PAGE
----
A study released Monday that followed up on a 1980s report about mandatory domestic violence arrest policies in Milwaukee found an increased death rate among victims when suspects were arrested, rather than merely warned, by police.
“The foundational question being begged by this research is an important and understudied one: Is the criminal justice system the best societal response to non-felonious domestic assault?” Milwaukee Police Chief Edward Flynn said Monday.
Researchers highlighted the findings that victims were 64% more likely to have died of all causes, such as heart disease, cancer or other illness, if their partner was arrested rather than warned, and noted that among African-American victims, arrest increased early mortality by 98% while white victims saw mortality increased from arrest by 9%.
Victim advocates in Wisconsin, however, described the study as “flawed” for attempting to apply old data to present-day policies.
“Thankfully for victims of domestic violence, we don’t live in the 1980s anymore,” representatives with End Domestic Abuse Wisconsin said in a written statement. “Twenty-five-year-old data cannot be used to conclude that domestic violence arrests are dangerous to victims.”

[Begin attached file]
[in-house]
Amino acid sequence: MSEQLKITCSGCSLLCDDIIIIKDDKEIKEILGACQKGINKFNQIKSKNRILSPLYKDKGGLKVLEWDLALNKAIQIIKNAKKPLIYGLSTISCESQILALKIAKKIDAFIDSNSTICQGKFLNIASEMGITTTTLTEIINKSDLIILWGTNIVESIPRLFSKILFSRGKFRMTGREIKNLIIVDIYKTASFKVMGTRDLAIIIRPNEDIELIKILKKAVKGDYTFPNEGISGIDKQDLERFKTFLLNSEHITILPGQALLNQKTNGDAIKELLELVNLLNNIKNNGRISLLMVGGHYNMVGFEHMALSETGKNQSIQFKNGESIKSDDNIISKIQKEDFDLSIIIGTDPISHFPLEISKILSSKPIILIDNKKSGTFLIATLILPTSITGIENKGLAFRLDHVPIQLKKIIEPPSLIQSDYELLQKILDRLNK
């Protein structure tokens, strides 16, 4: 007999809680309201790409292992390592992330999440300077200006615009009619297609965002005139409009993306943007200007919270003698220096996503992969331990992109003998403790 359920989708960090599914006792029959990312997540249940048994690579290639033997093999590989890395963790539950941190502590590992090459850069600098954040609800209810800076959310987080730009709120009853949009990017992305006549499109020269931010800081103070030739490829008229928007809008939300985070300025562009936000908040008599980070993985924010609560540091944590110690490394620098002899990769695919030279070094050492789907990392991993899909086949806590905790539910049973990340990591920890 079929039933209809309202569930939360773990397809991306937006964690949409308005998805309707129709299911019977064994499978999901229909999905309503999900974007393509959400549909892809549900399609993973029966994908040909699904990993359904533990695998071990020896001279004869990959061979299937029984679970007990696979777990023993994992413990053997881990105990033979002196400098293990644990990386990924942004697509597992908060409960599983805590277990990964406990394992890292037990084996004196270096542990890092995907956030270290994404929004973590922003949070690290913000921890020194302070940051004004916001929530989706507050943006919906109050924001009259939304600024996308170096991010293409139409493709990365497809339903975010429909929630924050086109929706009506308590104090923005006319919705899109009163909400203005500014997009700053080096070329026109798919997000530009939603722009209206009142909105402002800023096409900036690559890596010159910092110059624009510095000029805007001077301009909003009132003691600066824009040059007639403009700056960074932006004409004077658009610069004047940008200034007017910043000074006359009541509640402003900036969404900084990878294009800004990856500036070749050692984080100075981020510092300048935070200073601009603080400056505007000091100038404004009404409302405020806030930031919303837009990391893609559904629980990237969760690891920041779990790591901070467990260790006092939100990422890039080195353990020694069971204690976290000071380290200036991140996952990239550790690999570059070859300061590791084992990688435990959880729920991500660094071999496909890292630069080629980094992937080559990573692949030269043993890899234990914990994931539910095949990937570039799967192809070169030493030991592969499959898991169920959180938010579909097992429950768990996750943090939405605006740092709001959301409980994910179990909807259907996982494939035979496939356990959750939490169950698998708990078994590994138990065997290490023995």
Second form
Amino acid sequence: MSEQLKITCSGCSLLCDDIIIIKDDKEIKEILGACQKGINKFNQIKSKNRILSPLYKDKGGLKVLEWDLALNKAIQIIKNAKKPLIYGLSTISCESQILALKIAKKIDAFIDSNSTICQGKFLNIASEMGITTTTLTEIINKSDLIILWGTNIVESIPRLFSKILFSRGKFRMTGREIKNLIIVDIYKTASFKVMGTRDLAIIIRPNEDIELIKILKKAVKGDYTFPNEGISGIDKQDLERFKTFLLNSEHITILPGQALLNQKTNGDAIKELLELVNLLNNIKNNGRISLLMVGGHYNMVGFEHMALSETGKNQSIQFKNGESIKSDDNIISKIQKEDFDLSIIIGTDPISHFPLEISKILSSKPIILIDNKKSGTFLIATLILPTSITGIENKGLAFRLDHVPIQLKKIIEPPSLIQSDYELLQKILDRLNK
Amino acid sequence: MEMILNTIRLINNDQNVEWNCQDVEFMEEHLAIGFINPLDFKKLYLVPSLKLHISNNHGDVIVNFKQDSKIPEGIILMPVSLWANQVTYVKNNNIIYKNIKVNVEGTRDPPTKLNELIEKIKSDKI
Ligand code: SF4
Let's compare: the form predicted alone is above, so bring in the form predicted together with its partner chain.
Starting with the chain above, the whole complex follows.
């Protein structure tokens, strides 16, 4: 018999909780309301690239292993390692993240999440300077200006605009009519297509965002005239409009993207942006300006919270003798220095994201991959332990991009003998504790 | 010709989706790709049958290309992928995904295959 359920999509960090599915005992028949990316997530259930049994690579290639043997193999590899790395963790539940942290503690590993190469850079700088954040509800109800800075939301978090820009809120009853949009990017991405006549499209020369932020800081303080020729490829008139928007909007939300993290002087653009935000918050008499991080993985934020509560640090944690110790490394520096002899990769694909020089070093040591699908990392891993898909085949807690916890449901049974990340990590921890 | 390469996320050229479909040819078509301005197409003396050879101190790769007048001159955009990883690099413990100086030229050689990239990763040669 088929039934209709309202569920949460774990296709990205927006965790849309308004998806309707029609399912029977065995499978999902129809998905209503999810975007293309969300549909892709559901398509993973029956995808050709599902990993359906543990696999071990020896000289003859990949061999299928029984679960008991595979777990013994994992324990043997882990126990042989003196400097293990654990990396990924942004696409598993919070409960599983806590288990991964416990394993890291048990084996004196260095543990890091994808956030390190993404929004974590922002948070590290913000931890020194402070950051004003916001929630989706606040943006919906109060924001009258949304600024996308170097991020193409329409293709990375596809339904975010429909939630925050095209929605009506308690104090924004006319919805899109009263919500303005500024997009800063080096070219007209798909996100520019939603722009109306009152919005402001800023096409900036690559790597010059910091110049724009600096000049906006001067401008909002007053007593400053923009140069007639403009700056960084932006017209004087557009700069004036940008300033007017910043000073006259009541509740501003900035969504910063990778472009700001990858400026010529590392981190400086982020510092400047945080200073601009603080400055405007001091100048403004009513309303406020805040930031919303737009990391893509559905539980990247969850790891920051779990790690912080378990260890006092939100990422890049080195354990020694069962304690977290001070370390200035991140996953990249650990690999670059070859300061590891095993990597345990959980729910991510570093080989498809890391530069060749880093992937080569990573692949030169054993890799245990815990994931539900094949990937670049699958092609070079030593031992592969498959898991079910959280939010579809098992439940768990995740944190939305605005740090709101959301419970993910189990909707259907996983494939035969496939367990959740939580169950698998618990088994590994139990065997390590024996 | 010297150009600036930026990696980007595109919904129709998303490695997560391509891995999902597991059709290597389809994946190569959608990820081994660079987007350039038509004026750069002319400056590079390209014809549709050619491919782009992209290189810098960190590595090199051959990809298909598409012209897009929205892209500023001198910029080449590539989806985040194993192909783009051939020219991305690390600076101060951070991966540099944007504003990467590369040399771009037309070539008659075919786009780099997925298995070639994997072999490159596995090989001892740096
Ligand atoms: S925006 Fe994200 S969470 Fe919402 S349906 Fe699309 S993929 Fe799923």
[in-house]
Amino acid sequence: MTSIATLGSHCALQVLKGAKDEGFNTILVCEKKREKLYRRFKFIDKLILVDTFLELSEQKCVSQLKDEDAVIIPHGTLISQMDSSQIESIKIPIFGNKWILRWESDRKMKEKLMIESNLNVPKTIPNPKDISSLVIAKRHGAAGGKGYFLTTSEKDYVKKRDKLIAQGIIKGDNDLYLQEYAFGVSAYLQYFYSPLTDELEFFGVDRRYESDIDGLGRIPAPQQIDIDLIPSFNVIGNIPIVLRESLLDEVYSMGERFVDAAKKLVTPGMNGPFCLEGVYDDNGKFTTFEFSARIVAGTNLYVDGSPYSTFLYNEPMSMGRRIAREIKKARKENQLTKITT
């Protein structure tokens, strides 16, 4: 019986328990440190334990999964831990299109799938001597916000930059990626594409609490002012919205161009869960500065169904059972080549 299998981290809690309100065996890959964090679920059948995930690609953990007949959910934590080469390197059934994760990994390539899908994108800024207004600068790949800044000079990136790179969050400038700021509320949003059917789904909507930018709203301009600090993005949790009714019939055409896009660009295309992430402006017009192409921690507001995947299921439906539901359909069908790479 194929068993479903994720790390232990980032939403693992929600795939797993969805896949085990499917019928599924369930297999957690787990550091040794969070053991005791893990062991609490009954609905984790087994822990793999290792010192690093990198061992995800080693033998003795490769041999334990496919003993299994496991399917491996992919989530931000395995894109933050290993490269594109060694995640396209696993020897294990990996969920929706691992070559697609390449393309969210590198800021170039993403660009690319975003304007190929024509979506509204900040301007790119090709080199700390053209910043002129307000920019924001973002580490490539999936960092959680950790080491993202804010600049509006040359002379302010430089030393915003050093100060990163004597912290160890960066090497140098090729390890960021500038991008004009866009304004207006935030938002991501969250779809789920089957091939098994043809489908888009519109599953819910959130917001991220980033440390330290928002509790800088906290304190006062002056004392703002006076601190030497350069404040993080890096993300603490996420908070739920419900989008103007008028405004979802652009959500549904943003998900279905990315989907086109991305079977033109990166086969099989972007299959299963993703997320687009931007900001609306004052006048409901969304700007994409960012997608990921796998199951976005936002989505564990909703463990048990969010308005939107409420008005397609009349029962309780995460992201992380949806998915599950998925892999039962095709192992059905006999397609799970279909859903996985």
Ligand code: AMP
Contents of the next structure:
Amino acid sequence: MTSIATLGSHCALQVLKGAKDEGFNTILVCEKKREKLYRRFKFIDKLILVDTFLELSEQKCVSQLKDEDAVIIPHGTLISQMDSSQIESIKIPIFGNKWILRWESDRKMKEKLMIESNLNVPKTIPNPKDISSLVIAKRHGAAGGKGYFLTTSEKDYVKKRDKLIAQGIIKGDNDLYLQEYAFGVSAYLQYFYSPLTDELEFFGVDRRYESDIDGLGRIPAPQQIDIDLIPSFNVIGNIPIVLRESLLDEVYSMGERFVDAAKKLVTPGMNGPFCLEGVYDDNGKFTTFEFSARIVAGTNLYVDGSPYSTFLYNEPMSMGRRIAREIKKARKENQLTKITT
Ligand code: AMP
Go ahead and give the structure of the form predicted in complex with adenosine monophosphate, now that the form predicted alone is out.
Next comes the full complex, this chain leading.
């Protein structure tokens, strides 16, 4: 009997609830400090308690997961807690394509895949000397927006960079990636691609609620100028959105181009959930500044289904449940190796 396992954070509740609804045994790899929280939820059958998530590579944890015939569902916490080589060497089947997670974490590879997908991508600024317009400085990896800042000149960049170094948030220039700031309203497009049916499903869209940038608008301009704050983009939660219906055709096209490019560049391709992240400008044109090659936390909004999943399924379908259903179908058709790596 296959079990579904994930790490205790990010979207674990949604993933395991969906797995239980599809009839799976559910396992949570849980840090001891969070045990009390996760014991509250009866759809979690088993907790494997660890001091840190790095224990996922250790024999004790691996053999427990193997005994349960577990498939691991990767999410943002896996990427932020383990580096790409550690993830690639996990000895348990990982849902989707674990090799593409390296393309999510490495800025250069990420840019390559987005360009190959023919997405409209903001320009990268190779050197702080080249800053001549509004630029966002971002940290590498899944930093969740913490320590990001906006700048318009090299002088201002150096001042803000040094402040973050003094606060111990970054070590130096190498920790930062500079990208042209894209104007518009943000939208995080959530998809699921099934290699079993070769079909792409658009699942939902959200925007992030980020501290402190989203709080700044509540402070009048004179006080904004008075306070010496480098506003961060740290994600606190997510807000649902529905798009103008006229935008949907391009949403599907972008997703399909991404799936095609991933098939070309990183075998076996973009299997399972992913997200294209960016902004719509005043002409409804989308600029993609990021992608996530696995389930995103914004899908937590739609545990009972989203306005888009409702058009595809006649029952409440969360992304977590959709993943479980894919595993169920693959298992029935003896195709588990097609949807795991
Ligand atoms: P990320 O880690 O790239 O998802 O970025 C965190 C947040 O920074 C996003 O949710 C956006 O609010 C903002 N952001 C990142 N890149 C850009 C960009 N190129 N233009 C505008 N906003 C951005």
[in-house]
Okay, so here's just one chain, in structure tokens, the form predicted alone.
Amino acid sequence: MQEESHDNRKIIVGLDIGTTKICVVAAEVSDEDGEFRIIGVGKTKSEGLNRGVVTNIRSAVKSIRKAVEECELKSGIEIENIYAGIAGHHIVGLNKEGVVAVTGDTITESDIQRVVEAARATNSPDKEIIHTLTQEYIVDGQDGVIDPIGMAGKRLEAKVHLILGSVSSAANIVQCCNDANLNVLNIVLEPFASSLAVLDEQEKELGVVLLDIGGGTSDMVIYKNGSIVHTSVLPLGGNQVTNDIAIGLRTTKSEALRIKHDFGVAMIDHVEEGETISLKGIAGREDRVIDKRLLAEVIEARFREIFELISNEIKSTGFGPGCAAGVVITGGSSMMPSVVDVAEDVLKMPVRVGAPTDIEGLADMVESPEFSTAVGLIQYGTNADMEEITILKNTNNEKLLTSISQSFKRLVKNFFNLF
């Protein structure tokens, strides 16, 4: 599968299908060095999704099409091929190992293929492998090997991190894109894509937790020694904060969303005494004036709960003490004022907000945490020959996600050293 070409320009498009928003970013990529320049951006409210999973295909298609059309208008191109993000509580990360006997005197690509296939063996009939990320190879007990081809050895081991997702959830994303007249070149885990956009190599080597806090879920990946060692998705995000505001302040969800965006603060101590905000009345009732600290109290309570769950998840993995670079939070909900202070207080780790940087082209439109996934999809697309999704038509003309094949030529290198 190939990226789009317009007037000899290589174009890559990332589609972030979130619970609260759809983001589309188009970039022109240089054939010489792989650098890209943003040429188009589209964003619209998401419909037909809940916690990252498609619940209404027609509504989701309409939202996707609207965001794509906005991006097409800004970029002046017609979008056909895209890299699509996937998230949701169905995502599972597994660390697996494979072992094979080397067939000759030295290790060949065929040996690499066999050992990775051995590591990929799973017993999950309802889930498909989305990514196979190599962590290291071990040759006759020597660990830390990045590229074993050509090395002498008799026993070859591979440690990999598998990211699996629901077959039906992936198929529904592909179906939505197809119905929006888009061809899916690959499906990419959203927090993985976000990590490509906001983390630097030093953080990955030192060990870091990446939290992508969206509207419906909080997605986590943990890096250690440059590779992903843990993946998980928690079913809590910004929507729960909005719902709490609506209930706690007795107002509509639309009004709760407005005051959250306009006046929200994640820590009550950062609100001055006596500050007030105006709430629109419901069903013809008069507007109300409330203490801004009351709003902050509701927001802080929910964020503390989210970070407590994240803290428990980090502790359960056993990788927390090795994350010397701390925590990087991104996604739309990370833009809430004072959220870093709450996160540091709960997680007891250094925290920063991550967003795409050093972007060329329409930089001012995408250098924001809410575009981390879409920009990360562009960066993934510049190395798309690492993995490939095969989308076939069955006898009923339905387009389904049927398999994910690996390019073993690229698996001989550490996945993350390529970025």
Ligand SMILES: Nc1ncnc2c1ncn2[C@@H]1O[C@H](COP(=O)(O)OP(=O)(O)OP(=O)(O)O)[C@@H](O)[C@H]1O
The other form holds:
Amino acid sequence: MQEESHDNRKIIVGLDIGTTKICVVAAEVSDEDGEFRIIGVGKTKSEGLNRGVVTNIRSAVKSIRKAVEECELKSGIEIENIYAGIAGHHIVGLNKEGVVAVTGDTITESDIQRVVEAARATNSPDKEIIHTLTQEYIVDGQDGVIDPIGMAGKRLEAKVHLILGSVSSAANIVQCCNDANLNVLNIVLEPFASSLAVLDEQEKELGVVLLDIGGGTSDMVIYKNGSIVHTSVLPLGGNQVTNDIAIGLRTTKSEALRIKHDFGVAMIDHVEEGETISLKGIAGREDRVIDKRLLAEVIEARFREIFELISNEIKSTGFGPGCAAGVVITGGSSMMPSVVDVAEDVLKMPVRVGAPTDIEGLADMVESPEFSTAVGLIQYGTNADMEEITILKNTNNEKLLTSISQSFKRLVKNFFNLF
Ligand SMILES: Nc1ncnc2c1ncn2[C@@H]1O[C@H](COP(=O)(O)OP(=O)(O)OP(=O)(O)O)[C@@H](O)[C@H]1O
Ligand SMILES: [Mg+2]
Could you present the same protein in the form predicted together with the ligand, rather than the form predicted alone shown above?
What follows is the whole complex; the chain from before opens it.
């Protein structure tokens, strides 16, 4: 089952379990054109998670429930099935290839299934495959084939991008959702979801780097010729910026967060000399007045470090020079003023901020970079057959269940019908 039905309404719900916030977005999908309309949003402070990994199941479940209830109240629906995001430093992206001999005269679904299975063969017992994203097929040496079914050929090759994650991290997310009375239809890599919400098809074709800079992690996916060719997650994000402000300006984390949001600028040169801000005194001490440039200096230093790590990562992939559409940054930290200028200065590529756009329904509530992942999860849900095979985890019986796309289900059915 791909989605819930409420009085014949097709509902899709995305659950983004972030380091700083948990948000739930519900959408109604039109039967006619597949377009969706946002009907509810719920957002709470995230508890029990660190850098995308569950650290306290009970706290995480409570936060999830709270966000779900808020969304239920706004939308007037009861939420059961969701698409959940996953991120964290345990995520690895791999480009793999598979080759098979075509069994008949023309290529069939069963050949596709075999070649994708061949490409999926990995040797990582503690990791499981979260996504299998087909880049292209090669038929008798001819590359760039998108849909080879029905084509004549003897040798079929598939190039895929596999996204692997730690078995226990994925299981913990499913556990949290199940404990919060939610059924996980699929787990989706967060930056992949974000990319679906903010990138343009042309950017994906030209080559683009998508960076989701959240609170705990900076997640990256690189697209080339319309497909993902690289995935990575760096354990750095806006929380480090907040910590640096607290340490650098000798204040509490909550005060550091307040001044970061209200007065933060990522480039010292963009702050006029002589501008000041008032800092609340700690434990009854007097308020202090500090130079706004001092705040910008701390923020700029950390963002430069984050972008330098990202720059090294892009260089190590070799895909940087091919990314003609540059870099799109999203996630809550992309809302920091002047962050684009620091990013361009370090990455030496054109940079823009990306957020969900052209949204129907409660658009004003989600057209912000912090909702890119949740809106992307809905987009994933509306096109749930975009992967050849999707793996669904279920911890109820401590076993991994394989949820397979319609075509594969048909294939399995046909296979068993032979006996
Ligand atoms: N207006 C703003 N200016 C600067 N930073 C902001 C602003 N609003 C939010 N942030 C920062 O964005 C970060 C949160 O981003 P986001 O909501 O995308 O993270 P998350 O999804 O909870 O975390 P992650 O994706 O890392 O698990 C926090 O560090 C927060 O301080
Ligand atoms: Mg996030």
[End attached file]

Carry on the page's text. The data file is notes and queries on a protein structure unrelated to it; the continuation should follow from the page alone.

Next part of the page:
Follow-up to ’80s study
The study was a follow-up to the Milwaukee Domestic Violence Experiment from 1987-1989 and undertaken by the same primary researcher, Lawrence W. Sherman, a University of Maryland professor and director of Cambridge University’s Police Executive Program. The 2014 study was co-authored by Heather M. Harris from the University of Maryland and will be published in the Journal of Experimental Criminology.
Sherman acknowledged that a problem with examining long-term effects is that societies don’t stay the same and conditions can change, but he said he hopes the research prompts more attention about whether these policies are good for victims and if so, which victims.
Those facts raise interesting questions but do not lead to clear conclusions, Diana Zuckerman, president of the National Research Center for Women & Families, a research and health policy institute, said Monday.
“The point is you can’t conclude anything from these data,” said Zuckerman, who has a doctorate in psychology. “It raises interesting questions, but it doesn’t give you any answers. What you’d really want to look at is what’s happening to the victims after their abuser is arrested that might make matters worse for them instead of better.”
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